A senior Foreign Ministry official expressed outrage on Wednesday over a U.S. Senate committee's approval of a bill that would penalize Russian officials for human rights abuses, and warned Americans that adoption of the sanctions would strain U.S.-Russian relations.
The Senate Foreign Relations Committee passed the Sergei Magnitsky Rule of Law Accountability Act, named after an anti-corruption lawyer whose death in jail in 2009 while in pretrial detention has drawn widespread condemnation.
Despite broad support in Congress, the bill's future remains uncertain, partly because U.S. President Barack Obama's administration is unenthusiastic about a measure that Russia says would be an unwarranted intrusion into its internal affairs.
"We are not only deeply sorry but outraged that, despite common sense and all signals Moscow has sent and keeps sending about the counterproductive nature of such steps, work on the Magnitsky law continues," Deputy Foreign Minister Sergei Ryabkov was quoted by state news agency Itar-Tass as saying.
Implementation of the bill would be extremely negative for U.S.-Russian relations, Ryabkov said.
He reiterated Russia's threat to retaliate if the bill is passed, in part by passing a tit-for-tat measure denying entry to U.S. citizens that it believes are linked to human rights violations.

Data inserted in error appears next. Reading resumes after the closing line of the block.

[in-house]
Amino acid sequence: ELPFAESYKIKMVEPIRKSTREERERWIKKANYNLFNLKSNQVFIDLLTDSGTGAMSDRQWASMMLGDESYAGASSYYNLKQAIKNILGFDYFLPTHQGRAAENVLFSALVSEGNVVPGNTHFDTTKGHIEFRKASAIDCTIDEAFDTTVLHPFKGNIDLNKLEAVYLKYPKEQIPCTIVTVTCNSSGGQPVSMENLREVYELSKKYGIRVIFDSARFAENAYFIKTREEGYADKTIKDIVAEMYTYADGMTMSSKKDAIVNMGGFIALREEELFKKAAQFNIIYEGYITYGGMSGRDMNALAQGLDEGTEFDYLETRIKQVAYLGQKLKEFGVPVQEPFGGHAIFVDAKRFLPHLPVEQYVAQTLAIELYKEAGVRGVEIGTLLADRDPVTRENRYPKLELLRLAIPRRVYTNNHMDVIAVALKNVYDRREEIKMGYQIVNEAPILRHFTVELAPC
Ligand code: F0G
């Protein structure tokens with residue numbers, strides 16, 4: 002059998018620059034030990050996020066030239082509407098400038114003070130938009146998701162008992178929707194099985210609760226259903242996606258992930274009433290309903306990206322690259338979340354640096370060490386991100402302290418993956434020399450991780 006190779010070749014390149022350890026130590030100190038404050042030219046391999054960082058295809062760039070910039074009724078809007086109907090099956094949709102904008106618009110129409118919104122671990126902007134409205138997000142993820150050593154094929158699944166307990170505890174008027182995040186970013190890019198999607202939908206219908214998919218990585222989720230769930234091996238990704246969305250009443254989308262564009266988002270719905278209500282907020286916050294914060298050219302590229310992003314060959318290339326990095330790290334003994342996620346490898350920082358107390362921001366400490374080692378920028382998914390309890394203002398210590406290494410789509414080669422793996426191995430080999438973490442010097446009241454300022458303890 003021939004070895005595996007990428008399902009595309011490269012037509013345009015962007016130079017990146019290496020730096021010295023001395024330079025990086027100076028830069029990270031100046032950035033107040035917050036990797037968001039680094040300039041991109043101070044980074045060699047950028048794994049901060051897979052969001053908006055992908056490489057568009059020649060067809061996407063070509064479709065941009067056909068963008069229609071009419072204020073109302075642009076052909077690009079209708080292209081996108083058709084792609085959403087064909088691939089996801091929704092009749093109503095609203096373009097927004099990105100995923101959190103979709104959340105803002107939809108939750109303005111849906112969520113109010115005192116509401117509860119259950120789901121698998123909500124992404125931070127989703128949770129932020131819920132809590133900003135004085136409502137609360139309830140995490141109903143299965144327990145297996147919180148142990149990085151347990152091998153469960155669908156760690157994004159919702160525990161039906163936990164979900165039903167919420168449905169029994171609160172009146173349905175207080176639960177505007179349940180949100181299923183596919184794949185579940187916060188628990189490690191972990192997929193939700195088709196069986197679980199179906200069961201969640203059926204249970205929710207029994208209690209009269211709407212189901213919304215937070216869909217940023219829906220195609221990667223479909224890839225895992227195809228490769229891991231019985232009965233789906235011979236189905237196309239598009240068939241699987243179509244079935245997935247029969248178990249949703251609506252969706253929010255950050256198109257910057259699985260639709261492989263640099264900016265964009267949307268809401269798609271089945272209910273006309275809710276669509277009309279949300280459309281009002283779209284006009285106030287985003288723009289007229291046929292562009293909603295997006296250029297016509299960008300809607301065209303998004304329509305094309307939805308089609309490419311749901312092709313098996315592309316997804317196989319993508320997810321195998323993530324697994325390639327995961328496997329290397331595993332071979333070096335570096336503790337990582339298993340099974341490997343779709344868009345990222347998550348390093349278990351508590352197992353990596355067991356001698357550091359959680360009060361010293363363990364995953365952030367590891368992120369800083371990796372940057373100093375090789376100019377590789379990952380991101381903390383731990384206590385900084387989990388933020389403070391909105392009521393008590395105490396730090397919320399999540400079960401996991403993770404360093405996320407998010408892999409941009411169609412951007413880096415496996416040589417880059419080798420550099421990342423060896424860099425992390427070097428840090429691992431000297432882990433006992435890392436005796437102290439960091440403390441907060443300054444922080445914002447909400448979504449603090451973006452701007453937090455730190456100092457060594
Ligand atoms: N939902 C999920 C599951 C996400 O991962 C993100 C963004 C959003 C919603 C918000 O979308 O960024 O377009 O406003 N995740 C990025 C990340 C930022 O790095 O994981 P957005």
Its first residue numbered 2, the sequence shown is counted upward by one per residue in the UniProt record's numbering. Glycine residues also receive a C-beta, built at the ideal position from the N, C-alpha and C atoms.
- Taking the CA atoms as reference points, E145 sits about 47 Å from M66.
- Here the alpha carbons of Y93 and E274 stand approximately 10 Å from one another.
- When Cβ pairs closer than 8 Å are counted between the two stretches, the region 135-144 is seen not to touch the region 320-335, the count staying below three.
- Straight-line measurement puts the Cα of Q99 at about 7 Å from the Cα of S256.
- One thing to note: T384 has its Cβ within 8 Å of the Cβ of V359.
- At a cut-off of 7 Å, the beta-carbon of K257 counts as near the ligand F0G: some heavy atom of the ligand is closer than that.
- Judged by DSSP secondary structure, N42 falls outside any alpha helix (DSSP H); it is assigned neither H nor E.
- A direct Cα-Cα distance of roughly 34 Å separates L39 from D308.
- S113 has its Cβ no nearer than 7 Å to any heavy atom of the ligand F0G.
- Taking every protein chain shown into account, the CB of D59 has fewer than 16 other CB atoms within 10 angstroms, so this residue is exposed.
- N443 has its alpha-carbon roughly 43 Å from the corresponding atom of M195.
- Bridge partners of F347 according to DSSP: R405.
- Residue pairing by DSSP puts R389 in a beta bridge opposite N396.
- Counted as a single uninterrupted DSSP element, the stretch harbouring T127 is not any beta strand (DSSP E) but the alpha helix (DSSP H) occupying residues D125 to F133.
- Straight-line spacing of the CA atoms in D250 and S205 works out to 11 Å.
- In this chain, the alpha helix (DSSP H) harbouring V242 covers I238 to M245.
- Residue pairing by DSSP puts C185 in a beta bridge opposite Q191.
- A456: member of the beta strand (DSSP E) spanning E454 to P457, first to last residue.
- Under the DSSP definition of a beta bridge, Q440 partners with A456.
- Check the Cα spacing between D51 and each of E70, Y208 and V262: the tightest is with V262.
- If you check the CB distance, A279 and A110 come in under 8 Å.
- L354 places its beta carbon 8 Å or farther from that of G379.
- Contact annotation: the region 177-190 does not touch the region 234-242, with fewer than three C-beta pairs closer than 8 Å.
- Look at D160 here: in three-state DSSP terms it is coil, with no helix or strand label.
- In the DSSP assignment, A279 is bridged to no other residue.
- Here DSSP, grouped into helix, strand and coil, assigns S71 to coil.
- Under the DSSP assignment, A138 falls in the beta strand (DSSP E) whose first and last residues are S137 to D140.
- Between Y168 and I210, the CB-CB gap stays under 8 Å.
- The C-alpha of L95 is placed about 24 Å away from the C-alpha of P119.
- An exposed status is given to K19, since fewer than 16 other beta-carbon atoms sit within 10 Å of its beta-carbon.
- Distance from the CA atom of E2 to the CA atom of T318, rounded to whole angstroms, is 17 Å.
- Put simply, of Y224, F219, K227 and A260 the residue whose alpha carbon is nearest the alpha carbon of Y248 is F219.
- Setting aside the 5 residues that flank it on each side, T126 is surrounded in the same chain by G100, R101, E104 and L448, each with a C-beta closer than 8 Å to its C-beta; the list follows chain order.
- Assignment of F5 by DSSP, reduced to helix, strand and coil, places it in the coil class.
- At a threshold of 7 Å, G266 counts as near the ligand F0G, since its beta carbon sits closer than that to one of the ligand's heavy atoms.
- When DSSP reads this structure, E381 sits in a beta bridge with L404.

"There will be a response," Ryabkov said. "There will be a symmetrical response, but there will also be a number of additional measures."
President Vladimir Putin this month called Magnitsky's death a tragedy, but said Moscow would retaliate if the Magnitsky bill were passed.
During brief discussion of the legislation, Senate Foreign Relations Committee Chairman John Kerry, a Democrat, said the United States shouldn't always be the one pointing fingers at other nations, but added, "Human rights is in our DNA."
Correction: An earlier version of this article incorrectly stated in the first paragraph that the U.S. Senate passed the Sergei Magnitsky Rule of Law Accountability Act; in fact, only the Senate Foreign Relations Committee passed the bill.